When jellyfish on a recent beach trip stung my children and me, everyone had their own advice and the one thing I heard the most was “Pee on it!” Luckily, no one had to pee on anyone and we all recovered quickly from our stings. This encounter brought up some interesting discussions about jellyfish treatment and whether or not urine really helps the condition.
While some people swear that peeing on the jellyfish stings helps, my husband, a former medic, says not to. So I decided to find out whether or not the rumors are based on any fact and the conclusion is that to pee on a jellyfish sting is just a myth.
Does it help to pee on a jellyfish sting? While some people have reported relief using this first aid method, there is no scientific evidence to prove this theory to be true. Dr. Paul Auerbach, an emergency physician from Stanford University Hospital is an expert on jellyfish stings and tells us there is no evidence that backs the myth that peeing on a jellyfish actually works.
He says that the best first aid treatment for jellyfish stings from North America is vinegar. You may have heard people say this is because there is acid in the urine just like vinegar, which is a common misconception about why the urine works, too. However, this is not true.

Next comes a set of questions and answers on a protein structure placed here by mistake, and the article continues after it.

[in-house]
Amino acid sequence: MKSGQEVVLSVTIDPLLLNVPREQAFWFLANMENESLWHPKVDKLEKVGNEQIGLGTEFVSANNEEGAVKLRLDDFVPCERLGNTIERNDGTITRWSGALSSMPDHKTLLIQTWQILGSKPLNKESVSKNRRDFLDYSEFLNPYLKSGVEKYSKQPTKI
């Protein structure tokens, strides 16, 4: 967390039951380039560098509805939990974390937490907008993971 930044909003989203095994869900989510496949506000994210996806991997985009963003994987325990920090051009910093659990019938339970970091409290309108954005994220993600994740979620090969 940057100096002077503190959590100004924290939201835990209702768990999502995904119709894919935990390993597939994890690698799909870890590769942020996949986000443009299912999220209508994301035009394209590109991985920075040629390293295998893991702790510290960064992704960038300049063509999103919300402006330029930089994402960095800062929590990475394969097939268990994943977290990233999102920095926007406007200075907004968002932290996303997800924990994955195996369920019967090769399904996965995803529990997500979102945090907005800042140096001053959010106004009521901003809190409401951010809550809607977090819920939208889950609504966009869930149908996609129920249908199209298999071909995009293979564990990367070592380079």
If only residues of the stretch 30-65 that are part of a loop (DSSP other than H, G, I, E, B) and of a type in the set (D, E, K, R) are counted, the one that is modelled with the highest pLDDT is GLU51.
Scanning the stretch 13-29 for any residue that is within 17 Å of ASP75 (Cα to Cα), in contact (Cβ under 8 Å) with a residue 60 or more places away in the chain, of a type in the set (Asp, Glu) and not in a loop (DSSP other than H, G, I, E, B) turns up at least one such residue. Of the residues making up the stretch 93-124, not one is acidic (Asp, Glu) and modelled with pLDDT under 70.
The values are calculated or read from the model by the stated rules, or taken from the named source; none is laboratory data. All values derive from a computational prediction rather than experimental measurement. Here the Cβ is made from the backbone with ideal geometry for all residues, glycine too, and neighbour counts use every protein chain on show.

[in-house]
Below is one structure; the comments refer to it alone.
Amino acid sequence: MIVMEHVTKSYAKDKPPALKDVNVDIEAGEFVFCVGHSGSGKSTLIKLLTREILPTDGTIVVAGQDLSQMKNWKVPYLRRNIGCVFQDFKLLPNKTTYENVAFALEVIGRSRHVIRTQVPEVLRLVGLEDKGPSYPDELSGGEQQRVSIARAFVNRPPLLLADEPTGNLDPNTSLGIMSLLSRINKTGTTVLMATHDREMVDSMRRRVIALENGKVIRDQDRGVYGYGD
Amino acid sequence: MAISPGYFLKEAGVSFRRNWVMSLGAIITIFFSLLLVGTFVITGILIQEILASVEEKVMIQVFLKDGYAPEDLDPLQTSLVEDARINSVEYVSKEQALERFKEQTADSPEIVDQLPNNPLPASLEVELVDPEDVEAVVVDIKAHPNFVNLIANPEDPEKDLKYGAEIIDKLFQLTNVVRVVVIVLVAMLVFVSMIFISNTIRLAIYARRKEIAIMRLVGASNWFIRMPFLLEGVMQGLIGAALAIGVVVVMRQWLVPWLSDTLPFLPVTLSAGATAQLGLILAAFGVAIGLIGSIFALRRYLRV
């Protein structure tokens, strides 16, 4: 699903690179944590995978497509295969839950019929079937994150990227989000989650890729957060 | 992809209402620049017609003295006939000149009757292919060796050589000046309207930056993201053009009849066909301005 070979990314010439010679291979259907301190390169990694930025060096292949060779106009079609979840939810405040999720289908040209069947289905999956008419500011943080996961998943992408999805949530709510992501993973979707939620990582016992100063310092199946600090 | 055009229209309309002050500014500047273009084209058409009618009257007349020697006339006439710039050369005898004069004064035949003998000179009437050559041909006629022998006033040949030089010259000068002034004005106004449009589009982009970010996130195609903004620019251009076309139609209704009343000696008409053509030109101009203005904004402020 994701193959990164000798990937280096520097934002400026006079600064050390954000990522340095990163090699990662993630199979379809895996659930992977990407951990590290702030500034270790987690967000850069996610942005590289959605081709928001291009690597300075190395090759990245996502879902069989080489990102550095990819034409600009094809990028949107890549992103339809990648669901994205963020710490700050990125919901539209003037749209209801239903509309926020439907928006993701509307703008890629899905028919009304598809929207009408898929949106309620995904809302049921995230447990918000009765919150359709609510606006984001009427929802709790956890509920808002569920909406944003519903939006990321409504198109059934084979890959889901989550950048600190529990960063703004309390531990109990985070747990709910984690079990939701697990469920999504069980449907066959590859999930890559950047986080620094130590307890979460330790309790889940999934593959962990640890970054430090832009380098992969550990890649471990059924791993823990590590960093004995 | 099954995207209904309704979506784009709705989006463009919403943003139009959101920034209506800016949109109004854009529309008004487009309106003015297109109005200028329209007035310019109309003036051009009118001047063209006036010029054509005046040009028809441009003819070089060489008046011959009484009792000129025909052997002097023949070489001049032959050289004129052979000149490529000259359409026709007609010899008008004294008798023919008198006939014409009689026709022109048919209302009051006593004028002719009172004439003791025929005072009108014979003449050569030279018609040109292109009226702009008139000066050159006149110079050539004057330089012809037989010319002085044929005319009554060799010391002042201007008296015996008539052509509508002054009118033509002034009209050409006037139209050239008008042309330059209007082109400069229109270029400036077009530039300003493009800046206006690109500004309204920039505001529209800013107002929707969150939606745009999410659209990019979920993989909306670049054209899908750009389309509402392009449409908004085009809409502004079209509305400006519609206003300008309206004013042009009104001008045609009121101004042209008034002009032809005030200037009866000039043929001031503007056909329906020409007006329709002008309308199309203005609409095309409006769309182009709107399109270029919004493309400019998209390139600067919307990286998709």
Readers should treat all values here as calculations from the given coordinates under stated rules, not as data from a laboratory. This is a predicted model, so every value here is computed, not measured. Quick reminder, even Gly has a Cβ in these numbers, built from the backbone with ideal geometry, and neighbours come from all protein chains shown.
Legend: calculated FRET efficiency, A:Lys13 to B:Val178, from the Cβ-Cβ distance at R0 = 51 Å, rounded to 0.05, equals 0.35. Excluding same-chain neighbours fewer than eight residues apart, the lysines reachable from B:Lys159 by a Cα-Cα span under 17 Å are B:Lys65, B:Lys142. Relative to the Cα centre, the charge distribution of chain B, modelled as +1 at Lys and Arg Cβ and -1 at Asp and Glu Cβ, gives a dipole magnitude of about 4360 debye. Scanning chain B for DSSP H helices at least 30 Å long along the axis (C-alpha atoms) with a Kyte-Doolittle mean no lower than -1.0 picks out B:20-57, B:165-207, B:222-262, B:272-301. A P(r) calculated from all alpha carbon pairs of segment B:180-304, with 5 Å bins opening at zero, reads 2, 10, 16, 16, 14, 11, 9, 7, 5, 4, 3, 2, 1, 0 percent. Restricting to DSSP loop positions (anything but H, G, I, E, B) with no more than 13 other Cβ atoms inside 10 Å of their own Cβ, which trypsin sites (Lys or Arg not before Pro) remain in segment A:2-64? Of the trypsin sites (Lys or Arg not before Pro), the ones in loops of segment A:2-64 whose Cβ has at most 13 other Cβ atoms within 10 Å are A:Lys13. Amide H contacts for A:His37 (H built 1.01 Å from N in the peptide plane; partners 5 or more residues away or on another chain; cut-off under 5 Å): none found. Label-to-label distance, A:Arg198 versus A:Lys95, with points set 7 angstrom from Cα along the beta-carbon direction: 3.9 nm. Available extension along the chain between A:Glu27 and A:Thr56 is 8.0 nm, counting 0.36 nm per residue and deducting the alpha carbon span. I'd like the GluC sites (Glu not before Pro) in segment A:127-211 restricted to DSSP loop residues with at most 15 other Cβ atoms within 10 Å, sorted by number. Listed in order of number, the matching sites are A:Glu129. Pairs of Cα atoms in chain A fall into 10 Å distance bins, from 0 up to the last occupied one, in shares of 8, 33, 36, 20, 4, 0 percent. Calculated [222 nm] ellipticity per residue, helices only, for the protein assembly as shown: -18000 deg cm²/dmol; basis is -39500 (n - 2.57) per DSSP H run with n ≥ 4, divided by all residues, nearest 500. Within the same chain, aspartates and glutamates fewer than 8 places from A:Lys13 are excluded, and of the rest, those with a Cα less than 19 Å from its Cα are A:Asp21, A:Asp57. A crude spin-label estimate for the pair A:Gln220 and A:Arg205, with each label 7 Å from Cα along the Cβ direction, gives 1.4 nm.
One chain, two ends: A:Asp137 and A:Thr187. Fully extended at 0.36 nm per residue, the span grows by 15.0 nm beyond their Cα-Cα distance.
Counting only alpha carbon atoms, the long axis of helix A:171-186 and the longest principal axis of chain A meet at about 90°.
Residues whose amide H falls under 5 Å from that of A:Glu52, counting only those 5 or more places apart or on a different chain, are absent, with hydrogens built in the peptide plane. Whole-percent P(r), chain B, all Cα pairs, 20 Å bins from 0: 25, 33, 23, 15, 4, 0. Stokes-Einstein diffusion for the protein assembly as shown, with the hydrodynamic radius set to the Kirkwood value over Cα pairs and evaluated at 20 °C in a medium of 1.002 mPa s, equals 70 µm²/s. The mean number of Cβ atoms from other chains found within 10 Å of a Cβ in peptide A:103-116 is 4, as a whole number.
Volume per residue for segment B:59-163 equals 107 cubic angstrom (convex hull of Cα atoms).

The average human does not have enough acid in their urine to be anything like vinegar and it won’t have a significant impact on the stings, either. Instead of having someone pee on your jellyfish sting, practice these safety and first aid tips instead:
- Get out of the water and away from the jellyfish immediately
- Remove any tentacles wrapped around the skin with a stick or other object to prevent more exposure to the stingers
- Rinse the affected area with seawater (no fresh water that will reactivate the stingers)
- Rinse the area with acetic acid (household white vinegar)
- Avoid rubbing the sting, which further activates the jellyfish stingers (nematocysts)
- Seek emergency treatment if the patient is very young or very old, shows signs of allergic reaction or if infection sets in
Vinegar is still the best treatment for jellyfish stings but if you don’t have any, you can also try baking soda, household ammonia, and lemon or lime juice. There is an after-sting spray made by Sea Safe that will help take the pain out of your sting as well. If you know you are swimming in waters that might have jellyfish, you can just buy some and take it with you.
So if you are unfortunate enough to get stung by a jellyfish on your next trip to the beach, remind well-meaning friends to skip peeing on you and just get you some vinegar instead.